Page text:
Students at an elementary school have reading time with older peers
who alternate use of Xhosa, the "mother tongue," with English
as they read a traditional-themed story.
The core identity of a culture is embodied in and perpetuated by its
language—the idioms, proverbs and gestures at once espouse the
sanctity of tradition and salience of innovation. Moreover, any discussion
about language is inherently a discussion about access to education
and economic mobility. As the cornerstone of success in a technology-driven
economy, literacy is the “catalyst for inclusion” in South
Africa , and linguistic equity is needed in order to realize the
democratic ideals of mass literacy.
For the nearly eighty percent of South Africa’s forty-five million
residents who identify as African (Black), efforts to overcome past
discrimination is severely crippled by the population’s low rates
of proficiency in English, what many assess to be the de facto language
of power and access in the country. Linguistic equity, and by extension
all other aspects of social equity, can not be achieved without a concerted
effort to preserve, rehabilitate and institutionalize indigenous languages
in South Africa. Moreover, a bilingual approach to early literacy has
shown indications of providing a sounder pedagogical foundation for
achieving literacy in English.
Background: Post-Apartheid as the Postcolonial and the International
Democratic South Africa has the task of transforming itself within the
social context of post-apartheid, specifically, and post-colonialism,
in general. Despite its singular history of serial dislocations, institutionalized
racial segregation and reconciliation, South Africa is a part of the
majority of the world’s countries who are striving for social
equity in the aftermath of oppressive colonial orders. A central tenet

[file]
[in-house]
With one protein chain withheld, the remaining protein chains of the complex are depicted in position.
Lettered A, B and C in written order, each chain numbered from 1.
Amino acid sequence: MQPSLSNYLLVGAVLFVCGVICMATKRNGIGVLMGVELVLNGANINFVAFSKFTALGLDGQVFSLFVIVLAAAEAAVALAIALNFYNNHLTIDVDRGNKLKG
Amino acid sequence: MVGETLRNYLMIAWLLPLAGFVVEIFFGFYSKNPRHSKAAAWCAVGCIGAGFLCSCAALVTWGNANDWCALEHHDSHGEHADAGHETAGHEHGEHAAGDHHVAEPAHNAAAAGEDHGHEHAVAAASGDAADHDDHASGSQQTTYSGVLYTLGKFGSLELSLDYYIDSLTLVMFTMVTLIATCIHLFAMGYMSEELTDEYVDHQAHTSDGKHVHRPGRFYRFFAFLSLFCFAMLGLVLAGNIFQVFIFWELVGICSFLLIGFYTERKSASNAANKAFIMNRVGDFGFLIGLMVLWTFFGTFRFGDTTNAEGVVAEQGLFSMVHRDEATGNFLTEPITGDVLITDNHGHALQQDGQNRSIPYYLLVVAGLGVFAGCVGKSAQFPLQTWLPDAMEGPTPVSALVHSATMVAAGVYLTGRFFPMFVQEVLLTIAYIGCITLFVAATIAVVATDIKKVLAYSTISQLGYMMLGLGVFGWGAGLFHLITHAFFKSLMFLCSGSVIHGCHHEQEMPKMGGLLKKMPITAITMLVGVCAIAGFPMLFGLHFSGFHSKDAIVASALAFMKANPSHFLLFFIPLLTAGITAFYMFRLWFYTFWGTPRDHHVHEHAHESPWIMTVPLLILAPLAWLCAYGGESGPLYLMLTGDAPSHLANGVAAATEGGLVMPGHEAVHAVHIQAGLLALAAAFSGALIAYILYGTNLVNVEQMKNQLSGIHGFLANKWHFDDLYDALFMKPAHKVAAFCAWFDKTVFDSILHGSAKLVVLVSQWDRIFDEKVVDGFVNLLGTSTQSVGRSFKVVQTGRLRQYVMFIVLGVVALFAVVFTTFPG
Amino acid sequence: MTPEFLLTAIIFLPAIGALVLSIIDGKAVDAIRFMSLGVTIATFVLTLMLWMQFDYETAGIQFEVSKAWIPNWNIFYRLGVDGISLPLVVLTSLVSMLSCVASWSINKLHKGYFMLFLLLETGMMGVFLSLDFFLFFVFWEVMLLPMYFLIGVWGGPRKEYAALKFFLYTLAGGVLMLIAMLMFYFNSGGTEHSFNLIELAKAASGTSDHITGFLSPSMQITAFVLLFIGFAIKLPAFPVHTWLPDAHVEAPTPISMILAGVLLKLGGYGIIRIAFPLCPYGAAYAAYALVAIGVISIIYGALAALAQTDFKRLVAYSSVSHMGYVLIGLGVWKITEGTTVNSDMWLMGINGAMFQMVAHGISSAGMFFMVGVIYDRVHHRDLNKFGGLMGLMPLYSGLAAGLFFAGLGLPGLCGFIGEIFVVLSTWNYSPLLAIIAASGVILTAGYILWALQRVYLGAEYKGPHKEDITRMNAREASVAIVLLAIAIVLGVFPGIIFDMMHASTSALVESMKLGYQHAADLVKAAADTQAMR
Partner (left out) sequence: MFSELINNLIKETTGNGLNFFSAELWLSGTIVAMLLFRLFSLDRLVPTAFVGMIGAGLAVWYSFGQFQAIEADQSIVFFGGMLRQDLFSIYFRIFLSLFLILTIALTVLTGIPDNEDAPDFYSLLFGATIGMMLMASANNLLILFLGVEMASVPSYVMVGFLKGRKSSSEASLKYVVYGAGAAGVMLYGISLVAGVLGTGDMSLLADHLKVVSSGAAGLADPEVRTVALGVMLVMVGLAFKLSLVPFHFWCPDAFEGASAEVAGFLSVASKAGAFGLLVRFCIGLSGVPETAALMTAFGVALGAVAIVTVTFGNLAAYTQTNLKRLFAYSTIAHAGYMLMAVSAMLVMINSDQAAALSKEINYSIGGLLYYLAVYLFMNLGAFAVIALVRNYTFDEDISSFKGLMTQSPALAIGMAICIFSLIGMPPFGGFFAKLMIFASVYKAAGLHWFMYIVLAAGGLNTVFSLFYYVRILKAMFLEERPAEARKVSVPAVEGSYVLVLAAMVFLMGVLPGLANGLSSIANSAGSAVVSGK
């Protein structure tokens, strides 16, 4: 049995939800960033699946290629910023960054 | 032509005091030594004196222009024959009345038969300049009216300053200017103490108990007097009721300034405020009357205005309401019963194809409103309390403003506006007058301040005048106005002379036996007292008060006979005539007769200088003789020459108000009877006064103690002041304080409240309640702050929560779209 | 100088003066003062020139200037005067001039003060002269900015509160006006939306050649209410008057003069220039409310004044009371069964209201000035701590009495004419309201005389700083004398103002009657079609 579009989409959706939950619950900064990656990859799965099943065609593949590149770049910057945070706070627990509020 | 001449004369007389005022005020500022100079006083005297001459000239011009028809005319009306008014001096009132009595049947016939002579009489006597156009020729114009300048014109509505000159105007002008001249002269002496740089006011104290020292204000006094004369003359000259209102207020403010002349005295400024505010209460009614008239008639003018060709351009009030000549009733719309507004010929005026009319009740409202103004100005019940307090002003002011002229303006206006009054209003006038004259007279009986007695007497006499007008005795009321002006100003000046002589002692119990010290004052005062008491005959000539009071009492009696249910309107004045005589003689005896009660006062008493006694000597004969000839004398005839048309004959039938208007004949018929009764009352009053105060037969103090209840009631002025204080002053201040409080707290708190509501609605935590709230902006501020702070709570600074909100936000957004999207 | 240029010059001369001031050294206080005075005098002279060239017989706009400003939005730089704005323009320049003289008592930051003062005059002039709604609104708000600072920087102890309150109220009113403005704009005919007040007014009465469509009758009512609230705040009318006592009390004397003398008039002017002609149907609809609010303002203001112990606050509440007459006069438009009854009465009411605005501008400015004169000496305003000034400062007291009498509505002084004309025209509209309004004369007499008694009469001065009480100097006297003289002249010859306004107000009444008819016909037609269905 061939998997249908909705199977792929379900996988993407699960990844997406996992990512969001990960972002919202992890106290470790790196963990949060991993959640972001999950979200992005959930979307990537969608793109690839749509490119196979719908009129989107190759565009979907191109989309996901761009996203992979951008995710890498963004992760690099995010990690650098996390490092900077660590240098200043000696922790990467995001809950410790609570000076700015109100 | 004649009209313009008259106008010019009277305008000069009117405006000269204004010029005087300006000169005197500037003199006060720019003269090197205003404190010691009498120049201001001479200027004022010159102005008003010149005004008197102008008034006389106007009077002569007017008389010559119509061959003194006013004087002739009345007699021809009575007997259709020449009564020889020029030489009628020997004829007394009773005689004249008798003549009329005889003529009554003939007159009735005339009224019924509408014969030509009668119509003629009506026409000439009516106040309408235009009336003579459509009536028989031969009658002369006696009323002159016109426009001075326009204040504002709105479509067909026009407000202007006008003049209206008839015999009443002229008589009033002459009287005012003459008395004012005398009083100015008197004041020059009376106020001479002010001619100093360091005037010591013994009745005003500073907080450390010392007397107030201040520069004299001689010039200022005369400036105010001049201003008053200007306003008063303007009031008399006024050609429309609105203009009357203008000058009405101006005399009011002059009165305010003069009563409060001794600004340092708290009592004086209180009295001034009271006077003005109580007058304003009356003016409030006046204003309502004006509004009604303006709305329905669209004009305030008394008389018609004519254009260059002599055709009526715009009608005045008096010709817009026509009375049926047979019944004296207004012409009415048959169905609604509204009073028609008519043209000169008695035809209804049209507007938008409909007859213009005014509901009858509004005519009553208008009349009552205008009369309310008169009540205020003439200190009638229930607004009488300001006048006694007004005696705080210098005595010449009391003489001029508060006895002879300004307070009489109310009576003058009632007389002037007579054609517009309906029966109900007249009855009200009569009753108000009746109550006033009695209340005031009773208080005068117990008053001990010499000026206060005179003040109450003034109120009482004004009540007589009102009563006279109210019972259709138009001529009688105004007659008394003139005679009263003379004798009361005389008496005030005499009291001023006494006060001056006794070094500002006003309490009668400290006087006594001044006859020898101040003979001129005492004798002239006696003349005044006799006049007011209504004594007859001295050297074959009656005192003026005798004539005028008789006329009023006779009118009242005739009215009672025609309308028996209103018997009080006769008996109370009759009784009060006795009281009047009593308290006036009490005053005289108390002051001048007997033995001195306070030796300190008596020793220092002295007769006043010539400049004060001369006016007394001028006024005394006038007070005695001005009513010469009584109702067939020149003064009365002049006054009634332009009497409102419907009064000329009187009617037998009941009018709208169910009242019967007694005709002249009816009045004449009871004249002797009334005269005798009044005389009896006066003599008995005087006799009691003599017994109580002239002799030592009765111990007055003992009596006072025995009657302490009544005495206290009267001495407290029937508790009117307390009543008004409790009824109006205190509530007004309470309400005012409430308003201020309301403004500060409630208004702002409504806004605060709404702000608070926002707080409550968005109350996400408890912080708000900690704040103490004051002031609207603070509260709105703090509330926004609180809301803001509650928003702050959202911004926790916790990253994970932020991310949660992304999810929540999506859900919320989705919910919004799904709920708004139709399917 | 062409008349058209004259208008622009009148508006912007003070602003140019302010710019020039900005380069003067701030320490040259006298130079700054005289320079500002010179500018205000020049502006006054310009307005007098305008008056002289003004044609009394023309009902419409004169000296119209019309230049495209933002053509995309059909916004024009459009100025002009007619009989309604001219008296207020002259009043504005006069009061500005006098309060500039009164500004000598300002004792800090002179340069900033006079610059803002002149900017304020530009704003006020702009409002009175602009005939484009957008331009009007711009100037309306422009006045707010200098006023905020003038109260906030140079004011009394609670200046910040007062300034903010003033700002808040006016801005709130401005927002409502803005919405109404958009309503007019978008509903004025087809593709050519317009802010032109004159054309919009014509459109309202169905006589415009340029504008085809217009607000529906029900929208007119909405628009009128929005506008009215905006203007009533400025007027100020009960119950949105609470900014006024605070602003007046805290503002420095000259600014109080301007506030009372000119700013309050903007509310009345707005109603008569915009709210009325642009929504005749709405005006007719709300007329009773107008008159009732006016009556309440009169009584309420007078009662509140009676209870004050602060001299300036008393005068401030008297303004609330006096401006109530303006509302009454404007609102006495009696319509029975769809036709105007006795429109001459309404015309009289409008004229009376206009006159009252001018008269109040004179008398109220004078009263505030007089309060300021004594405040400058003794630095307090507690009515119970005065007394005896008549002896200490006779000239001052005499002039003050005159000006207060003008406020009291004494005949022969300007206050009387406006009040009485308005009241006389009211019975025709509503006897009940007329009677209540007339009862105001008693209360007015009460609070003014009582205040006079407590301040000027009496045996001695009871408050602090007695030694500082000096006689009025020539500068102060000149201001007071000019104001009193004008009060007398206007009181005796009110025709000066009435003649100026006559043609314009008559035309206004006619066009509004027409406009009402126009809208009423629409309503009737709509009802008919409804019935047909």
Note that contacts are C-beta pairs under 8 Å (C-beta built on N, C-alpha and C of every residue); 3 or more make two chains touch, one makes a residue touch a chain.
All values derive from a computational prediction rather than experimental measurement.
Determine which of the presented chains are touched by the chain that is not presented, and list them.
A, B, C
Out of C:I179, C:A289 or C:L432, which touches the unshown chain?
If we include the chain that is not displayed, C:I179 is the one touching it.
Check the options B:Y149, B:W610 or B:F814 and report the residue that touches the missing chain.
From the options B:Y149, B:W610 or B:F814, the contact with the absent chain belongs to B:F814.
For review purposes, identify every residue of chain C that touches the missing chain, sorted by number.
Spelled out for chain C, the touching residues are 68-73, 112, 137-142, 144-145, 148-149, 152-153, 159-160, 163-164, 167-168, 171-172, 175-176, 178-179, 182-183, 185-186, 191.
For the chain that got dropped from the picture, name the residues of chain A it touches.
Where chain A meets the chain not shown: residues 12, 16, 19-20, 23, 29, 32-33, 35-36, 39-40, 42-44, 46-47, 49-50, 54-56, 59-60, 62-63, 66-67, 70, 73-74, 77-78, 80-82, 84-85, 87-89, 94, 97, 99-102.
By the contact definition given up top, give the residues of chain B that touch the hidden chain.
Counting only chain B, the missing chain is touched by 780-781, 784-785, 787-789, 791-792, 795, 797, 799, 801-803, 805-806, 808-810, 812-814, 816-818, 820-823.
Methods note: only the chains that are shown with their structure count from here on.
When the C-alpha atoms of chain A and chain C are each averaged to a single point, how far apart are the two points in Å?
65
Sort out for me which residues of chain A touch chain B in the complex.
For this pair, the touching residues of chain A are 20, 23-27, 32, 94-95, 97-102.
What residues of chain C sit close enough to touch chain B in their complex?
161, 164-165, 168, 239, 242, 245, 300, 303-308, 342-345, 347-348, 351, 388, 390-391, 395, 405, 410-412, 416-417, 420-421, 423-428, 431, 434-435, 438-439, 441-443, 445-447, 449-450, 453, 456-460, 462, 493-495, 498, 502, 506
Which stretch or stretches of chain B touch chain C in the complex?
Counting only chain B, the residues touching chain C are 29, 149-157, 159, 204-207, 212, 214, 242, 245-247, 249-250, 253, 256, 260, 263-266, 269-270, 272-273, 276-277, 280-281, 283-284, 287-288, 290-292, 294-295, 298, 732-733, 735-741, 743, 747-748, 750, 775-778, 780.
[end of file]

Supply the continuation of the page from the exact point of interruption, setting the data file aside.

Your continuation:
of feminist, race and post-colonial studies is that institutionalized
systems of oppression are multifaceted, and any fruitful attempts at
liberation must also be such, addressing both the material and immaterial
residues of the system.
Perhaps the most detrimental aspect of the Eurocentric colonial system
in South Africa, which perhaps reached its nadir during the Afrikaner-ruled
apartheid period, was the implementation of a psychological colonization
that nearly decimated the spiritual, artistic and intellectual integrity
of Black African peoples. Hence, a revalorization of indigenous languages
in South Africa is a revalorization of the people who speak these languages.
In a democratic South Africa, working to counter past injustices, or
achieve social transformation, is not divorced from measures to institutionalize
the languages of formerly marginalized communities.
Deciding which language of instruction (LoI) to use in early literacy
lies at the core of the national literacy debate in South Africa, but
it is not alone, for the process of determining the best methods of
instruction in bilingual education is emotional, tortuous and of international
proportions. As state, religious and racial borders become more permeable,
the expedient need for more comprehensive and representative language
policies will increase throughout the world.
The proceedings of a 1997 conference on educational policy in Africa
revealed that South Africa’s current literacy practices mirror
those of its neighboring countries, in which the LoI is dictated by
the geographical distributions of languages in each province. . In
this system, the mothertongue is used as the LoI in primary schools
with the foreign language (almost always the former colonial language
and current language of greatest social mobility) taught as a subject
area. At a later period, usually at the end of primary school or start